Story and Photo by Sydney Wise, Co-op

As I write this, I’m sitting at Vintage Vibe, a cafe overlooking the Nile River. It’s part of The Platform, a stretch of Egyptian, Lebanese and “international” (i.e., Italian or American) restaurants situated on the Maadi neighborhood corniche, where expats and trendy Egyptians enjoy a meal while admiring one of Egypt’s crown jewels. After two months of living in Egypt, the river never fails to stun me. 

The sun has almost completed its descent behind the grove of palm trees on the other side of the Nile, and Vintage Vibe has turned on the fairy lights that adorn the trees and encircle the patio. The water, clung to by the last rays of Saturday’s sun, reminds me of my favorite skirt. I look at the miniature light refractions and see myself at LIT Boutique on Boston’s Newbury Street, sipping my iced coffee and lingering by a dressing room. As my fingers grew wet with condensation, my good friend Sasha — whose employee discount I planned to use — hustled over to me with armfuls of clothes that threatened to spill her own iced drink.

I remember closing the dressing room curtain and zipping up the teal satin, the skirt’s hem falling asymmetrically below my knees. I poked my leg out the slit on the right side and assessed myself in the mirror. 

My mind then takes me to Lake Chalet, the restaurant I went to last summer while visiting my friend, Sade, in Oakland. That was where my skirt first made its debut. We begged the waitstaff to let us sit on the pier that was supposed to be closed after six, and when they assented, I ordered salmon and a Lemon Drop. Even more vivid is the memory of the last time I wore it, on a night out in Madrid exactly one week ago, where I visited with friends for spring break. That skirt now hangs in my closet in Cairo. This piece of fabric has followed me around the world; now, I see it reflected in the water in front of me. 

As the sun fades, women take pictures with each other on the boardwalk that separates the line of cafes from the river. Some men even hand off their phones to their friends so that they can pose while the light is still amiable. The view has already been featured on my own social media. I could be at Stephanie’s on Newbury right now, the atmosphere is so familiar (the exception, of course, being the longest river in the world in the background).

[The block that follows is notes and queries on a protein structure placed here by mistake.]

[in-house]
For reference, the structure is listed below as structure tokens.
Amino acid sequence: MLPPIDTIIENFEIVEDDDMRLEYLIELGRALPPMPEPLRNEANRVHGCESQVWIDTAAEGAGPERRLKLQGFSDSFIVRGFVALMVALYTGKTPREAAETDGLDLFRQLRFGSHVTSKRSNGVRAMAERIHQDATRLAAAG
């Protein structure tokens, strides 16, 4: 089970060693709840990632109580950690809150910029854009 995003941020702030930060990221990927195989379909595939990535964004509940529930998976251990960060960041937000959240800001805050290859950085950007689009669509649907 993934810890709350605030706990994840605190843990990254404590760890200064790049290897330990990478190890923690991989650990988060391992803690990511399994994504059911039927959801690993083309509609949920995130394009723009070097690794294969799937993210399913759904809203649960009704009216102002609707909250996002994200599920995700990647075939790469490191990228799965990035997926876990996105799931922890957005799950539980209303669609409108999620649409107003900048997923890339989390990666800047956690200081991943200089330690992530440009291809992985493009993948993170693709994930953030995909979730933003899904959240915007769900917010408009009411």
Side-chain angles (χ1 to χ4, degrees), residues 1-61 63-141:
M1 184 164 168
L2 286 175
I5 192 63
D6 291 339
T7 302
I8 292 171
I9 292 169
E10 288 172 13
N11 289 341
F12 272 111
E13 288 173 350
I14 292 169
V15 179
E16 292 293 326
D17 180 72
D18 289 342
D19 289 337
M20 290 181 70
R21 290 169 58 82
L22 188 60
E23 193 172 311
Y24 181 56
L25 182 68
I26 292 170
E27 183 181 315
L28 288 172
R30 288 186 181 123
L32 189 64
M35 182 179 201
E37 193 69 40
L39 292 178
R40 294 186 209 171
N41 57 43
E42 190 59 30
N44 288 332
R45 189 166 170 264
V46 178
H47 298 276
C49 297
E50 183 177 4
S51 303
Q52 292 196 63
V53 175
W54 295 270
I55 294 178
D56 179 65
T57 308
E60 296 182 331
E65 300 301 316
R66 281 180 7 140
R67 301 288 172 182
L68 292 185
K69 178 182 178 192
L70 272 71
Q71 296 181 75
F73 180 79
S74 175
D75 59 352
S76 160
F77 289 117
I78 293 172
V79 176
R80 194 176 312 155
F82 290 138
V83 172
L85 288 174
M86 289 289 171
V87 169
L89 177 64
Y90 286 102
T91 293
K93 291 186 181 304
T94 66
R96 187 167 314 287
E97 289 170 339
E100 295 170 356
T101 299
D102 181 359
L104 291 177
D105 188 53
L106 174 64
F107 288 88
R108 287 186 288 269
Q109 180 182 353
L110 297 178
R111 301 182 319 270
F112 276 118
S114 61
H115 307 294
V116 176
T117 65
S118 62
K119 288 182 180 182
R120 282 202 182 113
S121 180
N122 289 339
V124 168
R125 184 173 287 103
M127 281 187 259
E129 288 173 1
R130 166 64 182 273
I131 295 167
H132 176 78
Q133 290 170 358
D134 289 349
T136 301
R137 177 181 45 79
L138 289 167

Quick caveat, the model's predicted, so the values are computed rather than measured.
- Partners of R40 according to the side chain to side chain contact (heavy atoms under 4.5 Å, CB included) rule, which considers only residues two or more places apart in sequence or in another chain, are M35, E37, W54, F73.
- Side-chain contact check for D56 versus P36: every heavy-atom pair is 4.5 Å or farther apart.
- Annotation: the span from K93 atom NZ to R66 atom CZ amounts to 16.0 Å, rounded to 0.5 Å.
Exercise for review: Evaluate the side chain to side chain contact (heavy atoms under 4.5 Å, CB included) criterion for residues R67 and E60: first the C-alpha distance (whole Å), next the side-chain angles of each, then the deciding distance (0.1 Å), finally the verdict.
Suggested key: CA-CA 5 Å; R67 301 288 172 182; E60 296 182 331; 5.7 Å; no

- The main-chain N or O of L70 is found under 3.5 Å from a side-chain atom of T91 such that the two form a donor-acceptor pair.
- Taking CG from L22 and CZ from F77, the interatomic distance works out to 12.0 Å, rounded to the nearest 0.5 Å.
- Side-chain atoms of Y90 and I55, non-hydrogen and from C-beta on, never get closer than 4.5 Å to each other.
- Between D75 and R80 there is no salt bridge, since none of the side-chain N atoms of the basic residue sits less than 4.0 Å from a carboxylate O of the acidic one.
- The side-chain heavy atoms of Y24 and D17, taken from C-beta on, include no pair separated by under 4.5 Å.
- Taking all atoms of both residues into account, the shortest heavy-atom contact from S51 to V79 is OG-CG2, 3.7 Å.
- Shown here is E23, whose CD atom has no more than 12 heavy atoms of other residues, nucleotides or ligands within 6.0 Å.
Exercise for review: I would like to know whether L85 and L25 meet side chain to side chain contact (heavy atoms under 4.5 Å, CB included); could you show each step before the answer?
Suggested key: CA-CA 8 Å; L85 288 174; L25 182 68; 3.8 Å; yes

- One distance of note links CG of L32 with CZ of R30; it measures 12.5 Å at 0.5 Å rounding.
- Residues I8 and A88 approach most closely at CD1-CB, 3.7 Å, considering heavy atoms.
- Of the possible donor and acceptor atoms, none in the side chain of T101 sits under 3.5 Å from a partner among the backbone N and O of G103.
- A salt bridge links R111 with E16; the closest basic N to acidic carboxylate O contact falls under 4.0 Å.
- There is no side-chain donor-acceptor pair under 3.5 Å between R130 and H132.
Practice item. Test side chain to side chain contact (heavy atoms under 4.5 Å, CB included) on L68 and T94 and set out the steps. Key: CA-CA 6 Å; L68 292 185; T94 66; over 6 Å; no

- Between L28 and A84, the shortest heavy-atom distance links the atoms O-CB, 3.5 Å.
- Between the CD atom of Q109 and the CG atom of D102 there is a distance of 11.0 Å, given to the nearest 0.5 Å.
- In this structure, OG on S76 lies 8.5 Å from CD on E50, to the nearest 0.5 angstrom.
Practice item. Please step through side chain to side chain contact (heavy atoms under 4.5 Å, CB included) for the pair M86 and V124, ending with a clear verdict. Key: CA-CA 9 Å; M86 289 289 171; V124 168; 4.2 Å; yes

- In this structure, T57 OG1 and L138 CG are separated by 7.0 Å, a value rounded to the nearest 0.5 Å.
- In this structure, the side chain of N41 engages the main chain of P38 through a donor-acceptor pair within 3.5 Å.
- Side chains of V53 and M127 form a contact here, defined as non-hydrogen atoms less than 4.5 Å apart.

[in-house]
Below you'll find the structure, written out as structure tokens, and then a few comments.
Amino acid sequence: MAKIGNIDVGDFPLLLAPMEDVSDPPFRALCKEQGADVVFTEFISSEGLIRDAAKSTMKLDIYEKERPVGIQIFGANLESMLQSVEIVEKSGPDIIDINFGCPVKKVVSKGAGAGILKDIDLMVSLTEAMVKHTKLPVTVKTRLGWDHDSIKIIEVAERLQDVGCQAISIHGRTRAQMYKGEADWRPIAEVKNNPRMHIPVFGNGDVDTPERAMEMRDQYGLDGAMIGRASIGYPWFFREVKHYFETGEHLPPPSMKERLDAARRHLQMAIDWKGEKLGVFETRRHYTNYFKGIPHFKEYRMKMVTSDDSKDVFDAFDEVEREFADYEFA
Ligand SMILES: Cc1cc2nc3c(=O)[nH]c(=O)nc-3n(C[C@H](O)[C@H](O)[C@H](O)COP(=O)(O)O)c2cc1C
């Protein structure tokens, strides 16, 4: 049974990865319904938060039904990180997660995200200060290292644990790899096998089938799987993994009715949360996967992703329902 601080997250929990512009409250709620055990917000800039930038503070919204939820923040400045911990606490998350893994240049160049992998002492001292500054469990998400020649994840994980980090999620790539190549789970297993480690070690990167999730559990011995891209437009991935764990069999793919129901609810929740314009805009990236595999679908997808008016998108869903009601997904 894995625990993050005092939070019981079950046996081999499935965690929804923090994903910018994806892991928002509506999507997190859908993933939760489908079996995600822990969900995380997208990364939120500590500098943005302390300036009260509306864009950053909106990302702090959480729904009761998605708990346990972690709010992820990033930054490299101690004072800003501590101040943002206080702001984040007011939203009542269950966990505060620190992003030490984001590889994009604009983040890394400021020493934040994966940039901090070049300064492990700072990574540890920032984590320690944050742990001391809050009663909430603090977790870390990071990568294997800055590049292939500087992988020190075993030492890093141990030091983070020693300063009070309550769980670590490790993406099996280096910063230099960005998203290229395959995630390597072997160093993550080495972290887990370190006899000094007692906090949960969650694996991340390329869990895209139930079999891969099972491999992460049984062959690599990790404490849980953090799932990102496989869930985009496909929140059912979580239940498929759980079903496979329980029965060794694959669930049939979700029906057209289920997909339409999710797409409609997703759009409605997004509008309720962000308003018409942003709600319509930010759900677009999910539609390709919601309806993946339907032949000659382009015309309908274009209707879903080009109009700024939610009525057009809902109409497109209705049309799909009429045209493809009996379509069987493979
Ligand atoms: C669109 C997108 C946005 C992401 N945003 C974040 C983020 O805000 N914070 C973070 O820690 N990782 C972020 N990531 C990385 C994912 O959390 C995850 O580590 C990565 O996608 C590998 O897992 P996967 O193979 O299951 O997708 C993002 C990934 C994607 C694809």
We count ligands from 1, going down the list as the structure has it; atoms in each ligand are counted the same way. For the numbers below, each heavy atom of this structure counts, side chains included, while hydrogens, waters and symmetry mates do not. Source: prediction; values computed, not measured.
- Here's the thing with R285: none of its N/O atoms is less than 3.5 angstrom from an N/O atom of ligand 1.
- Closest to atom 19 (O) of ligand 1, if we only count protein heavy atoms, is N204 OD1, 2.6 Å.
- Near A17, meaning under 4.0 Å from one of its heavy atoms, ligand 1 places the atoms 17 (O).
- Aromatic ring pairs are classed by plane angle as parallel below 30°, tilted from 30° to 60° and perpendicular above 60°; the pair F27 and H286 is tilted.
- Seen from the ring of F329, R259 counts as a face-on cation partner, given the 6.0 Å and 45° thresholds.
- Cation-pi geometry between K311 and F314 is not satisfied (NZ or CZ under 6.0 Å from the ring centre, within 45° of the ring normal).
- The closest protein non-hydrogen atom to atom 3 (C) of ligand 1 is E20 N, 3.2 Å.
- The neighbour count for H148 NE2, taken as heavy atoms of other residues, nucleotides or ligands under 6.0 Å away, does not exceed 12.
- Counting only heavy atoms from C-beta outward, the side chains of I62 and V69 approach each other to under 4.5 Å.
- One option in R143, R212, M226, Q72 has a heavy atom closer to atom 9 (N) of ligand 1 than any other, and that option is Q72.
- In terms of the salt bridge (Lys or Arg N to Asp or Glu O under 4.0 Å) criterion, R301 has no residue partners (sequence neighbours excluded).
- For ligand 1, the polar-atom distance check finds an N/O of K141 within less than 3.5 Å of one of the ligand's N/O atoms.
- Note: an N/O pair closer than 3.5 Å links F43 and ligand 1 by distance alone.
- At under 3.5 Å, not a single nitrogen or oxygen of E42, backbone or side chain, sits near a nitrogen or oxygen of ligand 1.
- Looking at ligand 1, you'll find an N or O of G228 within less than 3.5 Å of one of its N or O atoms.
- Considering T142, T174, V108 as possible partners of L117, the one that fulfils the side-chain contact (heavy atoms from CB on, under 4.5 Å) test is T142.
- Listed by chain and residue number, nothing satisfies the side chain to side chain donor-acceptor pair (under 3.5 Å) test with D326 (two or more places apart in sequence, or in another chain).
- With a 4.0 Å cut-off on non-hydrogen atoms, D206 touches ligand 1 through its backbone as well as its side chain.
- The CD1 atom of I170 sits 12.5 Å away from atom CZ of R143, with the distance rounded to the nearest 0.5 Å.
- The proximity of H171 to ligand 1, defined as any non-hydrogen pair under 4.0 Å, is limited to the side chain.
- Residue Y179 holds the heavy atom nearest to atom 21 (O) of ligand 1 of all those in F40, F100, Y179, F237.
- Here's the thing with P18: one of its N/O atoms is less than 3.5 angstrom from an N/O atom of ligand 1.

It’s amazing the things that remind you of home. In Cairo, there are other things as well: the Baskin Robbins on Street 9 by my apartment; my favorite yoga studio, Osana Wellness; and watching the Bachelor on Tuesday nights with my American friends (sadly, being seven hours ahead means that we have to avoid a lot of spoilers). 

The four cities that I’ve mentioned couldn’t be more different. Madrid is an incredibly young, hip art town with more gin and tonic bars than I’ve ever seen. Cairo is a sprawling maze of humanity and history with an ethos wholly different from the one I grew up with. Boston is an academic fulcrum with its own historical symbolism. The University of California, Berkeley campus that I stayed on in Oakland presented the city as an ultra-chill counterweight to my high-strung East Coast existence.

Through all the languages, religions and time zones I’ve traveled through, the common denominator of my teal skirt (not to go all “Sisterhood of the Traveling Pants” on you) reminds me of the one constant throughout my trips: me. When I feel lost — when my Arabic isn’t getting across in the way I want it to, my K-8 Spanish instruction completely fails me or my international cell plan refuses to cooperate — it allows me to swap that feeling for one of pride. The point isn’t that I encountered challenges in traveling, but that I anticipated them and chose to persevere anyway. That realization makes me feel resilient.

This realization empowers me to continue to push my boundaries. In everything that seems foreign, I can find some reflection of myself — whether I see a satin skirt in the ripples of the Nile or my friends from home in the faces of the Egyptian twenty-somethings laughing at The Platform. These little gems of comfort make me more confident in striking up a conversation or trying something new; they bridge some intangible gap, bring a global humanity to the surface and make me feel like I can belong anywhere.

Photo by Sydney Wise


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